Promoting World Peace, Not Glorifying War
After Armistice Day was rebranded Veterans Day by U.S. Congress, it quickly morphed into an occasion for honoring the military…
Over one hundred years ago, in 1918, the world celebrated peace as a universal principal.
The first World War had just ended and nations mourning their dead collectively called for an end to all wars.
Armistice Day was born and was designated as “a day to be dedicated to the cause of world peace and to be thereafter celebrated.”
After World War II, the U.S. Congress decided to rebrand Nov. 11 as Veterans Day.
Honoring the warrior quickly morphed into honoring the military and glorifying war. Armistice Day was flipped from a day for peace into a day for displays of militarism.
Veterans For Peace has taken the lead in lifting up the original intention of Nov. 11th – as a day for peace. As veterans we know that a day that celebrates peace, not war, is the best way to honor the sacrifices of veterans. We want generations after us to never know the destruction war has wrought on people and the earth.
Veterans For Peace is calling on everyone to stand up for peace this Armistice Day. More than ever, the world faces a critical moment. Tensions are heightened around the world and the U.S. is engaged militarily in multiple countries, without an end in sight.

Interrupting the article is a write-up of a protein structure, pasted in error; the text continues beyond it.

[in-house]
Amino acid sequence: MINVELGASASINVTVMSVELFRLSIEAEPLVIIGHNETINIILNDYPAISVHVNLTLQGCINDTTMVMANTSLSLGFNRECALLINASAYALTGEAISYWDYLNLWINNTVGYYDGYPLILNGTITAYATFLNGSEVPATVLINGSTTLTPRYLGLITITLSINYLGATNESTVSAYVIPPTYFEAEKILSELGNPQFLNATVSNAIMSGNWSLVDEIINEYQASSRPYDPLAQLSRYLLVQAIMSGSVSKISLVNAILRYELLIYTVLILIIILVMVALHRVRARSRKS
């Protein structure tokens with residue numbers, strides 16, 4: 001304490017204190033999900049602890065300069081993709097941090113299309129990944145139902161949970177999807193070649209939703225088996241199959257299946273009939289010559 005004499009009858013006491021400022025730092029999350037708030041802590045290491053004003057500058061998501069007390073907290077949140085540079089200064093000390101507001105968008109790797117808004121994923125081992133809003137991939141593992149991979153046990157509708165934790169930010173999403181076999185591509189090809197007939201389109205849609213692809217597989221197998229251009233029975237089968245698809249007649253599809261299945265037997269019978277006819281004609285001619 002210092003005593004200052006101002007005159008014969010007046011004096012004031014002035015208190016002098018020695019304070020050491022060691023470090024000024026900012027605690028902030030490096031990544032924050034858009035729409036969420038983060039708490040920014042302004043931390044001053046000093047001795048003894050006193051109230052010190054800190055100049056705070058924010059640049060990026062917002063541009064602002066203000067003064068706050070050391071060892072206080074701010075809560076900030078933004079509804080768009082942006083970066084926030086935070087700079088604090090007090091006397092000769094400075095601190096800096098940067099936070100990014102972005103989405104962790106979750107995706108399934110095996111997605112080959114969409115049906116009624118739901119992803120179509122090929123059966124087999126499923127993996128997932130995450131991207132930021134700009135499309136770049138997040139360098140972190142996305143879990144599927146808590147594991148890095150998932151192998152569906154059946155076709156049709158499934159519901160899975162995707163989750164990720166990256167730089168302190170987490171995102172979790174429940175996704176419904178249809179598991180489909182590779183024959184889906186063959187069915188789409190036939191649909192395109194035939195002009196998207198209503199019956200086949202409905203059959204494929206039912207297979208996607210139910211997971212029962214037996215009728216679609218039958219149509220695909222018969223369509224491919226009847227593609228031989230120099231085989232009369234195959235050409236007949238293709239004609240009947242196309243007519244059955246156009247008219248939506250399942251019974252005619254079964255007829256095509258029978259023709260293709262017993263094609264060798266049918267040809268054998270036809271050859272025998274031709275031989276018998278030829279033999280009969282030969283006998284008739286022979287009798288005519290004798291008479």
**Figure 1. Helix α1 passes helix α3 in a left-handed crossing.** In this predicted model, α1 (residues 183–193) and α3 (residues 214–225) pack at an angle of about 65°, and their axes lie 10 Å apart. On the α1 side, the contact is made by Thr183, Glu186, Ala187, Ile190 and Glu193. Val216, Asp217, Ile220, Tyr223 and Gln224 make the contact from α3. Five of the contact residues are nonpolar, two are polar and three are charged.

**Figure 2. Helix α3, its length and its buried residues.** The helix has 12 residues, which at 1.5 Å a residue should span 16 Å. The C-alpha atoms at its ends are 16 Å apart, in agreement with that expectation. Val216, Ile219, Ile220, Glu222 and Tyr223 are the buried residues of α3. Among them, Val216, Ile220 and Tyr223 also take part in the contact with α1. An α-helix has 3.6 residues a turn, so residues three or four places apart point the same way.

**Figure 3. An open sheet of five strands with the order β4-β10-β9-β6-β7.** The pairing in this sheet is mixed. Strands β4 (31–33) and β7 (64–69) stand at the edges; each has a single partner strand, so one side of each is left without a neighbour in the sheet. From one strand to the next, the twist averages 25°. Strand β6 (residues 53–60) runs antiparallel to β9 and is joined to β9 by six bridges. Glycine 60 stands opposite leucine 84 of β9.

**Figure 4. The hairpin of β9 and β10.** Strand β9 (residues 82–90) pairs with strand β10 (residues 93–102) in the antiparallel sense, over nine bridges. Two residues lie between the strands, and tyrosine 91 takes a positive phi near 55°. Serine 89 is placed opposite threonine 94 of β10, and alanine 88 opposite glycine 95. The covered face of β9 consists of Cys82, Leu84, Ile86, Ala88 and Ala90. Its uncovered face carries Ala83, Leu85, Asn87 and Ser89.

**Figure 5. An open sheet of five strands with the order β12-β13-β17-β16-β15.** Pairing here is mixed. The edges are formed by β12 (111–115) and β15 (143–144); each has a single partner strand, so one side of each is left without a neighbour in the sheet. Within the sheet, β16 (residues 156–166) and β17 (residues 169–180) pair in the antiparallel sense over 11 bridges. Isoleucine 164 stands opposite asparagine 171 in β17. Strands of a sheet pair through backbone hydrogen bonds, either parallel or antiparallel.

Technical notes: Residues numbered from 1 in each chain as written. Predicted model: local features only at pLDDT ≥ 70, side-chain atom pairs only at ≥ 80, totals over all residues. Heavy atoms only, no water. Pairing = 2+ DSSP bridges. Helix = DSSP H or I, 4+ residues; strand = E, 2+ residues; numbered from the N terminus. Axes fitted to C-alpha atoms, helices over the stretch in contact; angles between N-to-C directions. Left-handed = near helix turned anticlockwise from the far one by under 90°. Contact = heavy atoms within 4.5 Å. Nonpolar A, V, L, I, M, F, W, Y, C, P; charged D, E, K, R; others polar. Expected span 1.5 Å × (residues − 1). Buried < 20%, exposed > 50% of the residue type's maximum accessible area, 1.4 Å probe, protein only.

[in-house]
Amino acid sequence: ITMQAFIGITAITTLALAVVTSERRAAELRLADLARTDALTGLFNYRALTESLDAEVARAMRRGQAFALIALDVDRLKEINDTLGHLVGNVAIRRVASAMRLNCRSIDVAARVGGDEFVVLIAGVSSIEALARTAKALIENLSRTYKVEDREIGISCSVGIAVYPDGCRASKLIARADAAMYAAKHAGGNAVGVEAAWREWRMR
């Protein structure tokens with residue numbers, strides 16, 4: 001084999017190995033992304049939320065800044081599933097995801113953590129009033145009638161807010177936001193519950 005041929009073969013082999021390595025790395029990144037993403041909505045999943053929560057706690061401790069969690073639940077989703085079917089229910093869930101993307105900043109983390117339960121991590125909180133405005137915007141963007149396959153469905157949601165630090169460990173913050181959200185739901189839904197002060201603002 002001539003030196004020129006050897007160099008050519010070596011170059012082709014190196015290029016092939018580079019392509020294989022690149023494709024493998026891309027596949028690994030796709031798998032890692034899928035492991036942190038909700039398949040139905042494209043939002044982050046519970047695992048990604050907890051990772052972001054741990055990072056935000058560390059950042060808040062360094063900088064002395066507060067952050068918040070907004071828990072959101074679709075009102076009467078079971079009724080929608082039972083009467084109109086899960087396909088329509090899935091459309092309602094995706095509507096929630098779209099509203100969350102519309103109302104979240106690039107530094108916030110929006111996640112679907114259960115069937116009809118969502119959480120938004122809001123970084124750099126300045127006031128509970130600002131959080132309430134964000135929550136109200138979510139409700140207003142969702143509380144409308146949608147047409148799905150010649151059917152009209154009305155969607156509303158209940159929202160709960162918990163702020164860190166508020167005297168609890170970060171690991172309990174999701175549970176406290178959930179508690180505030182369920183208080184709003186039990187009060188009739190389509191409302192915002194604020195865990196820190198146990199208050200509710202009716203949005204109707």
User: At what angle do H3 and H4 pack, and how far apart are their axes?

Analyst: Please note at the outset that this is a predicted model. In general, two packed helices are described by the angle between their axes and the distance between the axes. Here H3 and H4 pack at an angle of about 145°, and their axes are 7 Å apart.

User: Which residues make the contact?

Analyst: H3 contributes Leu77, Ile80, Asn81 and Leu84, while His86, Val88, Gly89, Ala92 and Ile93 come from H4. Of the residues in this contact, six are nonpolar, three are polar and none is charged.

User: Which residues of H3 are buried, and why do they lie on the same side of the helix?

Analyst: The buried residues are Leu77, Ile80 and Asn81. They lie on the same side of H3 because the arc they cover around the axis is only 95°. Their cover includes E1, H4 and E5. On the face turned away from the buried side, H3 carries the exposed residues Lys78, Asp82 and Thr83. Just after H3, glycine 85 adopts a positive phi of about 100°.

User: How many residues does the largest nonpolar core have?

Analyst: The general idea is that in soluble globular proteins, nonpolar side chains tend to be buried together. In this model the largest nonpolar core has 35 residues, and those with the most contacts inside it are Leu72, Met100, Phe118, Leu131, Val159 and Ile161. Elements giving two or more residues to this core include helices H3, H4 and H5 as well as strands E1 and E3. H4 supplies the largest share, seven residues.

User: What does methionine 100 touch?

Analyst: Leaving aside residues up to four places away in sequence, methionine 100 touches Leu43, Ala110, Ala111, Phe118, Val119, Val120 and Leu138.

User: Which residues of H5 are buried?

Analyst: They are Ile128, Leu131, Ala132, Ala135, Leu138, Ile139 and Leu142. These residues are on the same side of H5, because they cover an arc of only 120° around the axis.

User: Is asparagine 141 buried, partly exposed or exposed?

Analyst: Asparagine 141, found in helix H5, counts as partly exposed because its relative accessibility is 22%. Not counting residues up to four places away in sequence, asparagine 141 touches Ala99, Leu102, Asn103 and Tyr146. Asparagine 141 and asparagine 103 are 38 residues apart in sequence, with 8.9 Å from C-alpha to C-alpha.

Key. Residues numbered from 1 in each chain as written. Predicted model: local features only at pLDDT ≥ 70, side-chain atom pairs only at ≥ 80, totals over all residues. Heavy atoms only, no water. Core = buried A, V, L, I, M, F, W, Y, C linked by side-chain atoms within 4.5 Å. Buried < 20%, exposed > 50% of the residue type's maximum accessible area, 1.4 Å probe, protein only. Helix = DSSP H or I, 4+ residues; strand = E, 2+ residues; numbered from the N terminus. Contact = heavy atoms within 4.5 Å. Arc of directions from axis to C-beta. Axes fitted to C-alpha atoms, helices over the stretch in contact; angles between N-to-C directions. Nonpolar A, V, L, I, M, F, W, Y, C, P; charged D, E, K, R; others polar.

Here at home, we have seen the increasing militarization of our police forces and brutal crackdowns on dissent and people’s uprisings against state power. We must press our government to end reckless military interventions that endanger the entire world. We must build a culture of peace.
This Armistice Day, Veterans For Peace calls on the U.S. public to say no to more war and to demand justice and peace, at home and abroad. We know Peace is Possible and call for an end to all oppressive and violent policies, and for equality for all.
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Numbers from the Census Bureau show that despite the continued U.S. involvement in overseas conflicts, older veterans remained the norm in the U.S. As Statista’s Katharina Buchholz notes, as of 2019, more than half were over the age of 65.
In the same year, there were 17.4 million veterans in the U.S., down from 21.8 million in 2010.
You will find more infographics at Statista
Only around 380,000 World War II veterans were still alive in 2019.
The number of U.S. vets is expected to further decline as the largest group among them remain the older Vietnam vets.
Thu, 11/11/2021 – 22:20